When we talk about the costs of war, we usually think in terms of economics, another issue that touches almost all Americans.
Since the U.S. invaded Afghanistan and Iraq, the economic costs of war has been placed on ordinary Americans. Our tax burdens have proportionately increased, as the very rich have been excused from paying their fair share of the financial costs of war. At the same time, billions of dollars have been wasted or unaccounted for in war profiteering and cost overruns by private contractors with little oversight or accountability.
How has military spending affected the American economic crisis and our national debt?
America spends 5.8 times more on our military than China,
10.2 times more than Russia, and 98.6 times more than Iran.
America accounts for almost half of the military spending in the world! We spend more on our military than the next 45 highest spending countries in the world combined.
America devotes almost one-fifth of its federal resources on military spending,
including close to 60% of discretionary spending.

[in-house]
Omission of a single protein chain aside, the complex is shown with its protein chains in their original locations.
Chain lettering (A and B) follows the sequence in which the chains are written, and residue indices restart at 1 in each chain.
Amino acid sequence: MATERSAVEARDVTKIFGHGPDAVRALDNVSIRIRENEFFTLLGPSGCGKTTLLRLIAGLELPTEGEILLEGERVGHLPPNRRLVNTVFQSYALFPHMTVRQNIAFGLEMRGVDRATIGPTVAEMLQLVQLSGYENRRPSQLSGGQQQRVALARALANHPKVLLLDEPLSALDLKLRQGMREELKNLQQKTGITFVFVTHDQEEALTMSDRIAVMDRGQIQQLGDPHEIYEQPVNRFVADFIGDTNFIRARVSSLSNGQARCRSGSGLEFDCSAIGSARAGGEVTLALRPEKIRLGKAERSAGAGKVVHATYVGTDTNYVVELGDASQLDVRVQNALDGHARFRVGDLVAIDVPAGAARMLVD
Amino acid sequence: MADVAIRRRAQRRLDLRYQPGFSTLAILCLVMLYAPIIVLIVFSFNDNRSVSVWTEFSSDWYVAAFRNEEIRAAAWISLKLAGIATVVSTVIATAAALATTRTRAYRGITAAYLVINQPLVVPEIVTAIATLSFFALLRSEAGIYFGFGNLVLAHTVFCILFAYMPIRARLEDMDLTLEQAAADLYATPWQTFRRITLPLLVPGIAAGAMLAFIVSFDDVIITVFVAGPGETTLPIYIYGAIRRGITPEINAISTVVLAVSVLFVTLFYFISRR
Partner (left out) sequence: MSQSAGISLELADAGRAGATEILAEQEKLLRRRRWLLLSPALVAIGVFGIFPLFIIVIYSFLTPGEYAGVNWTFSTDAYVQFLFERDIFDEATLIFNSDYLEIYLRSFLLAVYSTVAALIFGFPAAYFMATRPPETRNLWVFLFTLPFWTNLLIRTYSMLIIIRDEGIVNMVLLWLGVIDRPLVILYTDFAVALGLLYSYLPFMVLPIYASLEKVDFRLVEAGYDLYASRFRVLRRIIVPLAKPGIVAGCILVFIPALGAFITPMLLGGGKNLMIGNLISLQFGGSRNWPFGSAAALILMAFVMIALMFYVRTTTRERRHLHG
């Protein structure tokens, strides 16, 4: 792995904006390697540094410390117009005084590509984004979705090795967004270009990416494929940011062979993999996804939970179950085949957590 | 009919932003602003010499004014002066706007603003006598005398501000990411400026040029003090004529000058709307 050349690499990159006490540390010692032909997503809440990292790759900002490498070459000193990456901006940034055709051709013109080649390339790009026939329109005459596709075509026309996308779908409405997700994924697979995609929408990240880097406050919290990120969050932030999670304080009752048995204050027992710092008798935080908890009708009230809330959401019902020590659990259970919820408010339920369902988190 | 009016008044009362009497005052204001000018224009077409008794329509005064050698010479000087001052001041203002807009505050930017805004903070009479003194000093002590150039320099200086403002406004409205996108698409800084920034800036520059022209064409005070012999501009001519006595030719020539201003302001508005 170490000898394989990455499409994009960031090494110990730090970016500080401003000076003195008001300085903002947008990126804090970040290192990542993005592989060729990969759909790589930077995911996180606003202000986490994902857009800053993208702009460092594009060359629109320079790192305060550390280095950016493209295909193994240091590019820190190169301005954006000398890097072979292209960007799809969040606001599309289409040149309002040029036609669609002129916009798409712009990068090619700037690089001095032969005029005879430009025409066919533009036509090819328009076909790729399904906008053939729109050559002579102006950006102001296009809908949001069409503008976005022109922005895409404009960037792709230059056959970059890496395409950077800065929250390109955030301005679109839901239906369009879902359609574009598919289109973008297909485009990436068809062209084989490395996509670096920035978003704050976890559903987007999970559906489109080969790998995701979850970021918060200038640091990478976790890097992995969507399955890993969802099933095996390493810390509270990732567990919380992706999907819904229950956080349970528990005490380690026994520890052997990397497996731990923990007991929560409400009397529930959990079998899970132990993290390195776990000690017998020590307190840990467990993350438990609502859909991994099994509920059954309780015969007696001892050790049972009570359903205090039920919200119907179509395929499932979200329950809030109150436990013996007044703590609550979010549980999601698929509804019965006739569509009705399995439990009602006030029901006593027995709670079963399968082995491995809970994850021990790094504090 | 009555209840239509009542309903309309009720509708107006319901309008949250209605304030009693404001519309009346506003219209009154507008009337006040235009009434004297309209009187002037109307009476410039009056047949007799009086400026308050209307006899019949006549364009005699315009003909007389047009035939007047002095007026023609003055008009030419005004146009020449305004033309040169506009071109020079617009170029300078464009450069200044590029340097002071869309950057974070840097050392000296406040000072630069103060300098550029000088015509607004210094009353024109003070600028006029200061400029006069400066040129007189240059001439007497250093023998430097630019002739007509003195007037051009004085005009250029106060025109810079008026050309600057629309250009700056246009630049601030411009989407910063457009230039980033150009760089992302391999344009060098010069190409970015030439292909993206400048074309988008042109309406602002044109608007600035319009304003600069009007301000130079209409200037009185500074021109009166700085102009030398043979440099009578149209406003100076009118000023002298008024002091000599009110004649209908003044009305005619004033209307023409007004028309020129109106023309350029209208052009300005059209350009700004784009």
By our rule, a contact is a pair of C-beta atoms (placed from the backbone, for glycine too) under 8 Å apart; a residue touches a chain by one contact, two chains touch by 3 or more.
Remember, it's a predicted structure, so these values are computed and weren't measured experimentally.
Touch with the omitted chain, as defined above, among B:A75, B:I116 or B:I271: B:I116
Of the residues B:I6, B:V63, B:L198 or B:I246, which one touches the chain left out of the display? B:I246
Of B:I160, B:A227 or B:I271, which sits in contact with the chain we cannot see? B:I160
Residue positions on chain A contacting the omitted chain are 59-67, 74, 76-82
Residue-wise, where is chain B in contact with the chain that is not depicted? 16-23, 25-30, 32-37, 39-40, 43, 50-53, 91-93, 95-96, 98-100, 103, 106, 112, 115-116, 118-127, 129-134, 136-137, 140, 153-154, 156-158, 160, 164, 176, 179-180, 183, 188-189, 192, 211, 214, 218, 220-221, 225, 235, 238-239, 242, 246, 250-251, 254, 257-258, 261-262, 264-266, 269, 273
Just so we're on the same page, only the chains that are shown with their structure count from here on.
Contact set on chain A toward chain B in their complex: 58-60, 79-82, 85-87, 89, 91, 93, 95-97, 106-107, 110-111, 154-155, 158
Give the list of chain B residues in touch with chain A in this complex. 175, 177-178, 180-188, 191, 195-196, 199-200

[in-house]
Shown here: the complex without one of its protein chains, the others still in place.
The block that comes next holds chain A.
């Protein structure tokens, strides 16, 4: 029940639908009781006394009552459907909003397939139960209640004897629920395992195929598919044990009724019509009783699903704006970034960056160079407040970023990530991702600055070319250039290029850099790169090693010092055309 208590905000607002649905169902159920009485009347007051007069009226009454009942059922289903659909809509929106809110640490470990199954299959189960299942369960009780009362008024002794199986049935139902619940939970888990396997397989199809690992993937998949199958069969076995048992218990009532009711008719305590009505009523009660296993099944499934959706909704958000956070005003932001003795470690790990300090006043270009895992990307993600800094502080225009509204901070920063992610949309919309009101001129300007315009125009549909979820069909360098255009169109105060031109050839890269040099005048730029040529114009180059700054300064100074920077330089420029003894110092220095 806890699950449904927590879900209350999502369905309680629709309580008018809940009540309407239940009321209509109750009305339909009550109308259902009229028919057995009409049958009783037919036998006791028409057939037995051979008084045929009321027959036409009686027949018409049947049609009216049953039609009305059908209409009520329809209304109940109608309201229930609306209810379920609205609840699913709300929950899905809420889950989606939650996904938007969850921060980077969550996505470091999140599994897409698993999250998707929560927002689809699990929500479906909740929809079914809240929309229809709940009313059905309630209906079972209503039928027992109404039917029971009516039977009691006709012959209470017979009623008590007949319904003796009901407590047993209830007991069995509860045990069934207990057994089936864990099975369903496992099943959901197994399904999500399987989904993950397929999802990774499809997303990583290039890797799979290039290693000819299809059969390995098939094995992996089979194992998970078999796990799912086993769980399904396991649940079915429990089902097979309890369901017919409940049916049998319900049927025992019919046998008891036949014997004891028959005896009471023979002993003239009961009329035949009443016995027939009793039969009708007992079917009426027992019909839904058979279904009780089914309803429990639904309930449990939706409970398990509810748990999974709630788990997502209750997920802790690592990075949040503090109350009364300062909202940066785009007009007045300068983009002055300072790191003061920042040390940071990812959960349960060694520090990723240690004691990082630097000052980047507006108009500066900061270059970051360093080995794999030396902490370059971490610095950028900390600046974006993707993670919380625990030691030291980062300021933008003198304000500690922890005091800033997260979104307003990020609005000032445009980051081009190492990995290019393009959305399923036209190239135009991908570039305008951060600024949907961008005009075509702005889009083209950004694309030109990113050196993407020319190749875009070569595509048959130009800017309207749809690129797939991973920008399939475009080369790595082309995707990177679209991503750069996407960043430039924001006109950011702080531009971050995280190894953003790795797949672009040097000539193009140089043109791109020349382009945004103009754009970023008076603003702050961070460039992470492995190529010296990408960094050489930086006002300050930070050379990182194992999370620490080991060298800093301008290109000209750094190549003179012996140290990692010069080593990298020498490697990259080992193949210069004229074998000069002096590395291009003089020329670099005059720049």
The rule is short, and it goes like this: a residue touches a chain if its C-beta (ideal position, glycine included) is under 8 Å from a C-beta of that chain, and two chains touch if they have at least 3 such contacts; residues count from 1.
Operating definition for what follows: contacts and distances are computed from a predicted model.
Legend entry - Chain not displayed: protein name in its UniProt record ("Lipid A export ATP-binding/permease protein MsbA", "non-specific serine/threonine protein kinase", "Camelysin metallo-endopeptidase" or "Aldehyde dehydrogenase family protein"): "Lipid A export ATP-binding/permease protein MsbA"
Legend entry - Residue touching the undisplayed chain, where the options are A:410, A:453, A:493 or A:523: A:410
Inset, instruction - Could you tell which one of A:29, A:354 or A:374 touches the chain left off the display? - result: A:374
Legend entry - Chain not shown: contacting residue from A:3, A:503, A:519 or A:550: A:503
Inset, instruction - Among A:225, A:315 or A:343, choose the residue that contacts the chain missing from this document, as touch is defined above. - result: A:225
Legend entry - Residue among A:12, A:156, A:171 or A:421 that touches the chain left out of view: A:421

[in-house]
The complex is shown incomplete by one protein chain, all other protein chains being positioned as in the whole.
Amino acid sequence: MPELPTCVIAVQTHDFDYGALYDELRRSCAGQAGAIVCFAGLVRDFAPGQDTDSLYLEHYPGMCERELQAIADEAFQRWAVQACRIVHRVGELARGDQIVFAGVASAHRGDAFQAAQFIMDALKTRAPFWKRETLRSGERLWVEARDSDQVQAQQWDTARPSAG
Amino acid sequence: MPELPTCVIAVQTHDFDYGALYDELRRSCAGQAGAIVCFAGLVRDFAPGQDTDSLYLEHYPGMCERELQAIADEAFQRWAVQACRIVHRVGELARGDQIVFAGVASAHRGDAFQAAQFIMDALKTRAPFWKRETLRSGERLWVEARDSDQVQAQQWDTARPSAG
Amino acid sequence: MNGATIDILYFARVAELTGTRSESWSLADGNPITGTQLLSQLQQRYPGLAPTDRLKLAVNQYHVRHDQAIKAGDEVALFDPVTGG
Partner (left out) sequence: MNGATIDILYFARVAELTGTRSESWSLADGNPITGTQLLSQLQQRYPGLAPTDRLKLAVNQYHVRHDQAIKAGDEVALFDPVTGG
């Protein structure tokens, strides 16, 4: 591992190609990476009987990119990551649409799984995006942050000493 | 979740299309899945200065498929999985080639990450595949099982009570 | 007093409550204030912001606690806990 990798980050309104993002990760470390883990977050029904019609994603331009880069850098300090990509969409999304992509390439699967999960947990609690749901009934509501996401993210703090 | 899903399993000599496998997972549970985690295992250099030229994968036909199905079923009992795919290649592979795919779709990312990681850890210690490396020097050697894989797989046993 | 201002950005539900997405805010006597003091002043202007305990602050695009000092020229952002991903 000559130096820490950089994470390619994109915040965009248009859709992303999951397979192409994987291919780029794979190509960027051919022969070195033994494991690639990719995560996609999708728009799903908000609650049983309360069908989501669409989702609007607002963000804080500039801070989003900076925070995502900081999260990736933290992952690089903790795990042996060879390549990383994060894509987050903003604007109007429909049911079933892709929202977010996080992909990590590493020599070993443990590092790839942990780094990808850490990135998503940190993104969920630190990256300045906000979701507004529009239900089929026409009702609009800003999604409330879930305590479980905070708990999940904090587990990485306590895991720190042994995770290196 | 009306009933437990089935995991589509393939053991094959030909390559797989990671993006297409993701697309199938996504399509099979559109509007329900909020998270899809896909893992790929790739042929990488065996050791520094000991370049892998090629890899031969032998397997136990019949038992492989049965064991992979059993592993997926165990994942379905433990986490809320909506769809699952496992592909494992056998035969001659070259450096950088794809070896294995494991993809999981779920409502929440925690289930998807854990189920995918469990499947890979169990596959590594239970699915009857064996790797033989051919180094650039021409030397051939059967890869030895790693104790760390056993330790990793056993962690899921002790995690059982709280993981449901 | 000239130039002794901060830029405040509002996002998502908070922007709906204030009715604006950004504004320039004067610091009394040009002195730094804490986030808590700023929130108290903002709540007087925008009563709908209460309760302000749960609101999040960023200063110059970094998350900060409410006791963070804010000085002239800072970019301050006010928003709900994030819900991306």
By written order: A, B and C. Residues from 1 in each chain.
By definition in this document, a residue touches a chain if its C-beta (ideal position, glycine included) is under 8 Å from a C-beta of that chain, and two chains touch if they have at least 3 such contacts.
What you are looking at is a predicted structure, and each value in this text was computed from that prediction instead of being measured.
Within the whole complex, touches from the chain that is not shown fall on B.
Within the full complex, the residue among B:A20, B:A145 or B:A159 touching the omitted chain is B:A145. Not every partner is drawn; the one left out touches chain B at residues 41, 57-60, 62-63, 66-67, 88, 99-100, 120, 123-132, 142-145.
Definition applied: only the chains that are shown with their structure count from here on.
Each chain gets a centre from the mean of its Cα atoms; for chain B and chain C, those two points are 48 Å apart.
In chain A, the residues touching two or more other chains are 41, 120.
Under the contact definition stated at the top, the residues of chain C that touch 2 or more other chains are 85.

Many people ask how this money could be used to strengthen the well-being of our society. For example, every $1 billion of military spending supports war related 8,500 jobs. The same amount can be used to replace sales taxes and create 10,800 jobs, invest in health care and create 12,900 jobs, devote to education and create 17,700 jobs, or allocate to mass transit, and create 19,800 jobs. Where are our priorities as a society? (Sources: U.S. Department of Commerce Bureau of Economic Analysis, U.S. Department of Labor Bureau of Labor Standards, U.S. Census Bureau.)
The war economy has enriched executives and benefitted the rich investors
of corporations like Halliburton and General Electric with billions in no-bid contracts,
while ordinary Americans have lost jobs and homes.
We can understand people defending their homeland from foreign invaders, but the American wars in our lifetime have involved us being the invaders. Why do politicians feel so justified in causing so much suffering on all sides?
Who do you think benefits from these wars?
In looking at America's wars, particularly in the Middle East, we veterans ask what kind of people do we Americans want to be? Will we continue as an example of a society devoted to the well-being of our own people and other human beings around the world? Or will we continue to sow the seeds of our own destruction by trying to impose our will on others for the benefit of a few?
Why are we as veterans and military families committed to peace?
The use of military force is a matter of political policy. For those who believe in Peace and want us to live up to our American ideals of Freedom and Democracy, take five minutes to make a difference for a more peaceful and just America:
Tell them you are a veteran or friend of a veteran, a constituent, and someone who votes, and ask them: